Evaluating Failures In Order To Gain Confidence

Evaluating Failures In Order To Gain Confidence

How do you feel after making a game-changing error and losing match control within a game? Do you question your abilities? Do you feel less confident about the next appointment?

What you tell yourself after a performance will impact your emotions and confidence. In addition, your thoughts about a recent performance will affect your preparation and performance for the following fixture that you referee.

Perspective is your view of a performance. In other words, perspective is how you evaluate how well you officiated a game. So, your perspective is always true for you.

Perspective may not be based on facts, but it is your point of view or your reality. Unfortunately, outperforming your reality is practically impossible.

For example, if you award two penalties which player reaction tells you are wrong, you may see yourself as a below-average referee.

If you view yourself as a poor official, you will likely live up to that negative assessment. You will lack confidence for the next game. You will be anxious when the ball is in the final third for each team.

Instead of watching the challenges, you will be distracted by thoughts of making an incorrect foul decision. You will be tight, and your reaction time will be slow. You will stay back and position yourself optimally to make the correct decision.

These times are when you allow the players to convince you of things which haven’t happened. In essence, according to your last game, you proved yourself correct when you thought you were a bad referee.

Imagine how you would prepare differently and officiate your next game if you evaluated your performance more positively. Now, you cannot change the decisions made in a game that has already been played, but you can look at your performance objectively.

You may have given a couple of throw-ins the wrong way, but does that mean you made no positive decisions throughout game?

Looking for your successes in a game, no matter how small, helps keep your confidence high. You will prepare better for the next game when you have high confidence.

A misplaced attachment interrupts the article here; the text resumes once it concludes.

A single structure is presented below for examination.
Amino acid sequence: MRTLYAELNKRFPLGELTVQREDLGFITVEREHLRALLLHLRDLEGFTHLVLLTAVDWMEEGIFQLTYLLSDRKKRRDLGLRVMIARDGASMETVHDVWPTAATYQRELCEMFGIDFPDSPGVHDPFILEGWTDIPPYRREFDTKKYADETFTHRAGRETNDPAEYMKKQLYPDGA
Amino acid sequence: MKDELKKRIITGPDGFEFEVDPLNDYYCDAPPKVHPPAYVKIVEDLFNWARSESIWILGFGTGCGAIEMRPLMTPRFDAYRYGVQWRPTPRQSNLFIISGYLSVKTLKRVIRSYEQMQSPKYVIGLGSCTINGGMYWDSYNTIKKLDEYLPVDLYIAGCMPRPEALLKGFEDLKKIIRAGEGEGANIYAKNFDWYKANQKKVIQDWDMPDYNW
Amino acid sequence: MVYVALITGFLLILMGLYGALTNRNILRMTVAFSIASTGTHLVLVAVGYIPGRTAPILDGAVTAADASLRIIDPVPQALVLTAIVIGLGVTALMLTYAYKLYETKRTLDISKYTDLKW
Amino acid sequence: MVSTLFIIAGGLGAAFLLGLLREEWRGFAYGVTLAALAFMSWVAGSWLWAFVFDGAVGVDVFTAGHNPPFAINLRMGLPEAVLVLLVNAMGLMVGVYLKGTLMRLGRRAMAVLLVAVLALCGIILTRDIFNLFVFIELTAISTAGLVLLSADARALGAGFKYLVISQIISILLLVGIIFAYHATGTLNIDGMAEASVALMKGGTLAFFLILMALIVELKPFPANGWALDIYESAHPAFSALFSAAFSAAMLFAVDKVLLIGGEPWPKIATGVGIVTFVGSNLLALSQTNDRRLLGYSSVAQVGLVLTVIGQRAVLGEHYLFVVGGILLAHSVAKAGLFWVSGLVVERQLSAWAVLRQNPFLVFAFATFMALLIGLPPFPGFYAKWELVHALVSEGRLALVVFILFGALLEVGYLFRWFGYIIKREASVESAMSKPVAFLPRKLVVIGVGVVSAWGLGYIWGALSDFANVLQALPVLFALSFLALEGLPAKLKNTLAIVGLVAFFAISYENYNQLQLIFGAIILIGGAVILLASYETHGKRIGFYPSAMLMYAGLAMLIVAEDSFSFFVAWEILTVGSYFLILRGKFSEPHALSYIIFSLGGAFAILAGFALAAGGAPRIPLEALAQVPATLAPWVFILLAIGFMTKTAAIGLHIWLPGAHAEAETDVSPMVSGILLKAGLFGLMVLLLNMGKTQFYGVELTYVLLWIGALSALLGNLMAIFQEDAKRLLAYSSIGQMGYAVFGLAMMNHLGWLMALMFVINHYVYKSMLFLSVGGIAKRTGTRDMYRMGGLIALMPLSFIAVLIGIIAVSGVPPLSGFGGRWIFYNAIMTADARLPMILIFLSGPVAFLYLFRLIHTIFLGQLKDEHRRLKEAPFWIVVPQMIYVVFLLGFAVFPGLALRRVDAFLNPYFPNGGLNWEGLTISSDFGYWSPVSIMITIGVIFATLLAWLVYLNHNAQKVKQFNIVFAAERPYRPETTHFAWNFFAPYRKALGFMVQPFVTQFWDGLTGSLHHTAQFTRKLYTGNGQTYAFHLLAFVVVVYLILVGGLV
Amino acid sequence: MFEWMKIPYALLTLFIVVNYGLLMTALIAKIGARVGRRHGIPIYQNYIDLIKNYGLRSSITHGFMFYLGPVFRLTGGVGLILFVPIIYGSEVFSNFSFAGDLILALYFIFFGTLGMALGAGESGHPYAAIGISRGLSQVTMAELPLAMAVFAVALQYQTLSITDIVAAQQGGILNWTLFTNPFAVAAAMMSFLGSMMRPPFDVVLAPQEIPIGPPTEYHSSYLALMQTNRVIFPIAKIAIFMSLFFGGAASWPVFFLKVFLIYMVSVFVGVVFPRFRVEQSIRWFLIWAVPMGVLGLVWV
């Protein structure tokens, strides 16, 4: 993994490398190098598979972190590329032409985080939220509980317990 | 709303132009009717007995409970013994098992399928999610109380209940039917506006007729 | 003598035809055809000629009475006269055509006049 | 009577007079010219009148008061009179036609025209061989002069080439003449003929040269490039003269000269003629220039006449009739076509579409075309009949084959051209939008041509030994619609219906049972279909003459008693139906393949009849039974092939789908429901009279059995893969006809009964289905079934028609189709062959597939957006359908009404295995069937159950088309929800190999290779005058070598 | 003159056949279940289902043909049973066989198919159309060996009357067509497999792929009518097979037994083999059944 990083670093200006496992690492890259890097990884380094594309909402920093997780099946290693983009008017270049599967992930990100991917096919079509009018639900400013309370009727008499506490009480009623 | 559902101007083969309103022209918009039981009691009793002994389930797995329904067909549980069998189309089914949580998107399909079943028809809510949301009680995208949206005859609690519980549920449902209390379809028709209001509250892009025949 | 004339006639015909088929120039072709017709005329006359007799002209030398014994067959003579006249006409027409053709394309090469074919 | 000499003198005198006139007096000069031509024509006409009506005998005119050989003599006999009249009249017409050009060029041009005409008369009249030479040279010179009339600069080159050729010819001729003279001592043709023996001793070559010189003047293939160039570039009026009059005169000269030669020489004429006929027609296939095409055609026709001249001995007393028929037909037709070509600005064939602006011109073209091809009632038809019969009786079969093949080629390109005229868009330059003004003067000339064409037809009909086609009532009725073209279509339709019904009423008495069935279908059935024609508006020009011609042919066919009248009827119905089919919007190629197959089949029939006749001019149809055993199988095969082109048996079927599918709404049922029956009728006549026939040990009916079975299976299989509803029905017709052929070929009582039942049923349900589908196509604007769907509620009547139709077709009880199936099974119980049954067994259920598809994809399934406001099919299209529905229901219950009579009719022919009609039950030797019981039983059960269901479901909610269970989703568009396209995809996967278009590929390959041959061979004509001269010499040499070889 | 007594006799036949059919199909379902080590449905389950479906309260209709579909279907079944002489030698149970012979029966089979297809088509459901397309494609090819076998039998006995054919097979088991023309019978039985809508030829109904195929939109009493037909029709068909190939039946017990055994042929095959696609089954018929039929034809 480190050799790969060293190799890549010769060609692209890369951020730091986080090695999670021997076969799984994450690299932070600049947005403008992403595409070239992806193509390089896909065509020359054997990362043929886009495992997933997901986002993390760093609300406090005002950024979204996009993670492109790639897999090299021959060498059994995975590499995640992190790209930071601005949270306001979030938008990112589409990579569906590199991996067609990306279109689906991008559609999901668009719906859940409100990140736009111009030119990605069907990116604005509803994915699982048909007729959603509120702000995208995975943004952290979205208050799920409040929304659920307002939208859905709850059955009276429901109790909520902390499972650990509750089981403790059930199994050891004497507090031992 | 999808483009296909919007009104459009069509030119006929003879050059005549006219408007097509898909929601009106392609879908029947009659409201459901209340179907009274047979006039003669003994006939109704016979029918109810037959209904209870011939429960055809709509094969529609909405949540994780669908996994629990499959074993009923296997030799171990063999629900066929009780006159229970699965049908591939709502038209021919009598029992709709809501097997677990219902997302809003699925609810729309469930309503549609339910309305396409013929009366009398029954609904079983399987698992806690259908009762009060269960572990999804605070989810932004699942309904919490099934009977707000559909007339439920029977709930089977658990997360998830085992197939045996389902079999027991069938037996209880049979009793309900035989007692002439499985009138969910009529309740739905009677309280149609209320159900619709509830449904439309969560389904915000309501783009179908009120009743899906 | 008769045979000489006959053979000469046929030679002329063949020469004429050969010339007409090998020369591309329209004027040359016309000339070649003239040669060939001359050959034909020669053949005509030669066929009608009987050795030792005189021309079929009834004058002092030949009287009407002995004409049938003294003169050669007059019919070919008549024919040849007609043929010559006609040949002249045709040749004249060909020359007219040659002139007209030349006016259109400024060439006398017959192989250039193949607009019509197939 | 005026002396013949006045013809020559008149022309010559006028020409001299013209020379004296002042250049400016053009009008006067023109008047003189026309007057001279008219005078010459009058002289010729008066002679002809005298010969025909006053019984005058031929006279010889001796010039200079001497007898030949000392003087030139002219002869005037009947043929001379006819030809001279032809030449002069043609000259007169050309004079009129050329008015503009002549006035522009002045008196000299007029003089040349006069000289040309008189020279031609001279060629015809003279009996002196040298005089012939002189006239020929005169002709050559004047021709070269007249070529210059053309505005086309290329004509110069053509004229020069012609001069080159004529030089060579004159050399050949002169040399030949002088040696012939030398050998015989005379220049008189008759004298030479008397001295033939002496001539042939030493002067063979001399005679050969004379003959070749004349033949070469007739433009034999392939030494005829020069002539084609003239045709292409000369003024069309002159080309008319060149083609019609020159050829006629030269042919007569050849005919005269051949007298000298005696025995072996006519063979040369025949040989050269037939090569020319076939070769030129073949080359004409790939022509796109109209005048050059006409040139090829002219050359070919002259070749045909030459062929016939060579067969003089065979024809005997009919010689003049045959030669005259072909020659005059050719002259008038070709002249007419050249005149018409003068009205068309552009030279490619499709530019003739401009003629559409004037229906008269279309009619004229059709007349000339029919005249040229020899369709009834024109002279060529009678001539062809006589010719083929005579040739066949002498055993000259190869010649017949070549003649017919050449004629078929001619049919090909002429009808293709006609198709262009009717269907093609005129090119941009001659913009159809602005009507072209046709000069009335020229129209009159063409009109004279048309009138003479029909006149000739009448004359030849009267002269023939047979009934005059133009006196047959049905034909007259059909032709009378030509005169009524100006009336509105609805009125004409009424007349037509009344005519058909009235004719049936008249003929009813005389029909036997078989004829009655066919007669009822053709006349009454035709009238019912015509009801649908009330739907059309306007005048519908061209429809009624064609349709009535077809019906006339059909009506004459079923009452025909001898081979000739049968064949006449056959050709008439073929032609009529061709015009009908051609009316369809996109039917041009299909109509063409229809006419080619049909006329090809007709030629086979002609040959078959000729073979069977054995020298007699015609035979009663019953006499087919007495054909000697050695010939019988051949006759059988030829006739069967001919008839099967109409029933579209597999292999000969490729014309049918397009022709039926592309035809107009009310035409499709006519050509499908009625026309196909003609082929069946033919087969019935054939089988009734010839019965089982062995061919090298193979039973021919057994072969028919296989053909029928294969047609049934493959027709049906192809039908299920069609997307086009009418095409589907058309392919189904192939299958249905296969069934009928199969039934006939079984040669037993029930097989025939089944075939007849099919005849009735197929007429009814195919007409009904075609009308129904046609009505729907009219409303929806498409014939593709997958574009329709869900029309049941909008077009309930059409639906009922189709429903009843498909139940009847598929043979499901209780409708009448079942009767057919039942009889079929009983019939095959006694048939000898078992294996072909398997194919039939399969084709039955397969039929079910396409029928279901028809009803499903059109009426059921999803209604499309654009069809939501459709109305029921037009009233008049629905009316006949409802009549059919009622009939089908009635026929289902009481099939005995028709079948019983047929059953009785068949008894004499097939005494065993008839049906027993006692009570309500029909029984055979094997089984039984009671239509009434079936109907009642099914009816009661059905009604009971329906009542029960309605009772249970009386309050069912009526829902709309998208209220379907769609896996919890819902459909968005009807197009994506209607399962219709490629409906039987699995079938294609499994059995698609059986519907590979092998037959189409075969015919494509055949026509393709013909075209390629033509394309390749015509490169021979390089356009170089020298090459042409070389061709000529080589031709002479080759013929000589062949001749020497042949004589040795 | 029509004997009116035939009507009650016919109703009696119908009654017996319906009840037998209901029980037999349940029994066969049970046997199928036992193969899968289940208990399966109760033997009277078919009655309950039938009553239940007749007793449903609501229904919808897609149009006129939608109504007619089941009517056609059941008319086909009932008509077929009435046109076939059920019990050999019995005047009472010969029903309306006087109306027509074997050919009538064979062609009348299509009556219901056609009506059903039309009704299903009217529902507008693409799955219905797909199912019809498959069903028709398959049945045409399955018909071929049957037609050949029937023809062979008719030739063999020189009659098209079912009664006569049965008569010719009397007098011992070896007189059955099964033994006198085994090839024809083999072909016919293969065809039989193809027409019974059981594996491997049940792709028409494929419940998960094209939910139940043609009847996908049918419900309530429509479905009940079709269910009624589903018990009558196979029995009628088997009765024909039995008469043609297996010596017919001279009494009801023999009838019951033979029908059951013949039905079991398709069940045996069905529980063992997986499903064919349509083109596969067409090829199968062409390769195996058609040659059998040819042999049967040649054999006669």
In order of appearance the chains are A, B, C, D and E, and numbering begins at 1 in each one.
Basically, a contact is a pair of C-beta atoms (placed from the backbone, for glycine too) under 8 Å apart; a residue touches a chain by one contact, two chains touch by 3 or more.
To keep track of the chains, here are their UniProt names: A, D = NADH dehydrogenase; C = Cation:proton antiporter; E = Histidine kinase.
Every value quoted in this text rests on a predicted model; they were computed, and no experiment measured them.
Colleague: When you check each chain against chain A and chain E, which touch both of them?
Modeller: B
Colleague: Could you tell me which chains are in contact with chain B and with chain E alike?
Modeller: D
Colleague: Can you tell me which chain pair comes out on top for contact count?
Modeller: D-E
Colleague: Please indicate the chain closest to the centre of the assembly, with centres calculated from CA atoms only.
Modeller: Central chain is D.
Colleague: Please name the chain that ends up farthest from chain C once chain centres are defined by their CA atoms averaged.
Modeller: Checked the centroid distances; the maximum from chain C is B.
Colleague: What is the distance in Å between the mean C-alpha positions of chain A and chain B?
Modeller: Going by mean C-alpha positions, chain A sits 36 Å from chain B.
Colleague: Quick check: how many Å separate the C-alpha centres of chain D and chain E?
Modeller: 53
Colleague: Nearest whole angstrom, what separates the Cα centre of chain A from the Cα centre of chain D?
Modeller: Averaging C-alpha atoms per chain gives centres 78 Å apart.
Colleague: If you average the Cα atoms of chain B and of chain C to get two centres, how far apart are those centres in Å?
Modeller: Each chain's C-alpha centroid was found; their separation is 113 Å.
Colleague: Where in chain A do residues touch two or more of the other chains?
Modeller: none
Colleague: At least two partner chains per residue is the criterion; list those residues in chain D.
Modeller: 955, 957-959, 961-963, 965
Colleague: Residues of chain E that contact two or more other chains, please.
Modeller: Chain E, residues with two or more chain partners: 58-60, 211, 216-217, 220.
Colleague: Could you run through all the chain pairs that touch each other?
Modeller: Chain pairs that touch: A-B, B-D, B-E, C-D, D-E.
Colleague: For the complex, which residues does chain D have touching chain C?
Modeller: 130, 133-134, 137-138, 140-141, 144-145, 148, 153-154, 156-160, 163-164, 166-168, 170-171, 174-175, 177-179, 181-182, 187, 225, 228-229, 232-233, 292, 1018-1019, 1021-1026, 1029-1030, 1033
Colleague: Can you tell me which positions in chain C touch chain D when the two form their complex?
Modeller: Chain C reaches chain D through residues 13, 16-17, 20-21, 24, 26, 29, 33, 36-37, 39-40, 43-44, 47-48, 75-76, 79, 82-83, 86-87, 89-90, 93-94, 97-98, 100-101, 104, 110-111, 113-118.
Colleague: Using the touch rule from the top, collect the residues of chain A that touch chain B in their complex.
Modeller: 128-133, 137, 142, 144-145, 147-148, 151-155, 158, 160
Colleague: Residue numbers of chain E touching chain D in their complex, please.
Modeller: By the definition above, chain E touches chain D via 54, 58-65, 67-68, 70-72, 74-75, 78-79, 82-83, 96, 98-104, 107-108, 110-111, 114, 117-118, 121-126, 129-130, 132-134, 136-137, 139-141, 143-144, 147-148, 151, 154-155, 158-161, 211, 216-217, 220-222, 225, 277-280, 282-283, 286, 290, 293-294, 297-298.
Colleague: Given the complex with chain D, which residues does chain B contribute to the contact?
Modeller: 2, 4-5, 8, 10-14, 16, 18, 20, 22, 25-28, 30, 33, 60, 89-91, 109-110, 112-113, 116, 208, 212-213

You may think looking for something positive is essentially lying to yourself but looking upon everything unfavourably is the biggest lie.

The Basketball Example

After a disastrous fourth quarter, the Golden State Warriors lost to the Boston Celtics 120-108 in Game 1 of the United States and Canada National Basketball Association Finals. Golden State entered the fourth quarter with a 12-point lead, but the Celtics stormed back to outscore the Warriors by 40 points to 16.

After the game, Warriors forward Draymond Green viewed Golden State’s performance in a positive perspective.

“They stayed within striking distance, and they made shots late. We’ll be fine. We’ll figure out the ways we can stop them from getting those threes and take them away. But I don’t think it was a rhythm thing. We pretty much dominated the game for the first 41, 42 minutes, so we’ll be fine.” Draymond Green, Forward, Golden State Warriors

The result of this perspective was a dominant performance in Game two, where the Warriors won 107-88.

Perspective is seeing your whole performance, not dwelling only on bad days.

Assessing Performance To Gain Confidence

View your performance objectively. After a fixture, think about two things you did well first. It might help if you relax for 30 minutes first.

Then, think about two areas of your refereeing that you want to improve in the next week game. Take a growth perspective to your appointments.

A positive post-match evaluation can impact your motivation in training sessions, and out in the middle.

At The Third Team I work individually and in collaboration with different professionals where I have developed workshops and 1-2-1 sessions associated with Resilience and Mental Toughness Development to help referees. The workshops and 1-2-1 sessions are interactive, where referees are encouraged to open up and share their experiences to help themselves and each other.

Feel free to contact me if you’d like to know more about my workshops or 1-2-1 sessions and how I could help you or your officials.

Best Wishes,

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Nathan Sherratt

Referee Educator & Managing Director of The Third Team

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Nathan Sherratt

Nathan Sherratt, Referee Educator, Resilience Trainer and Managing Director of The Third Team.  A Mental Toughness Practitioner based in County Durham, North East England.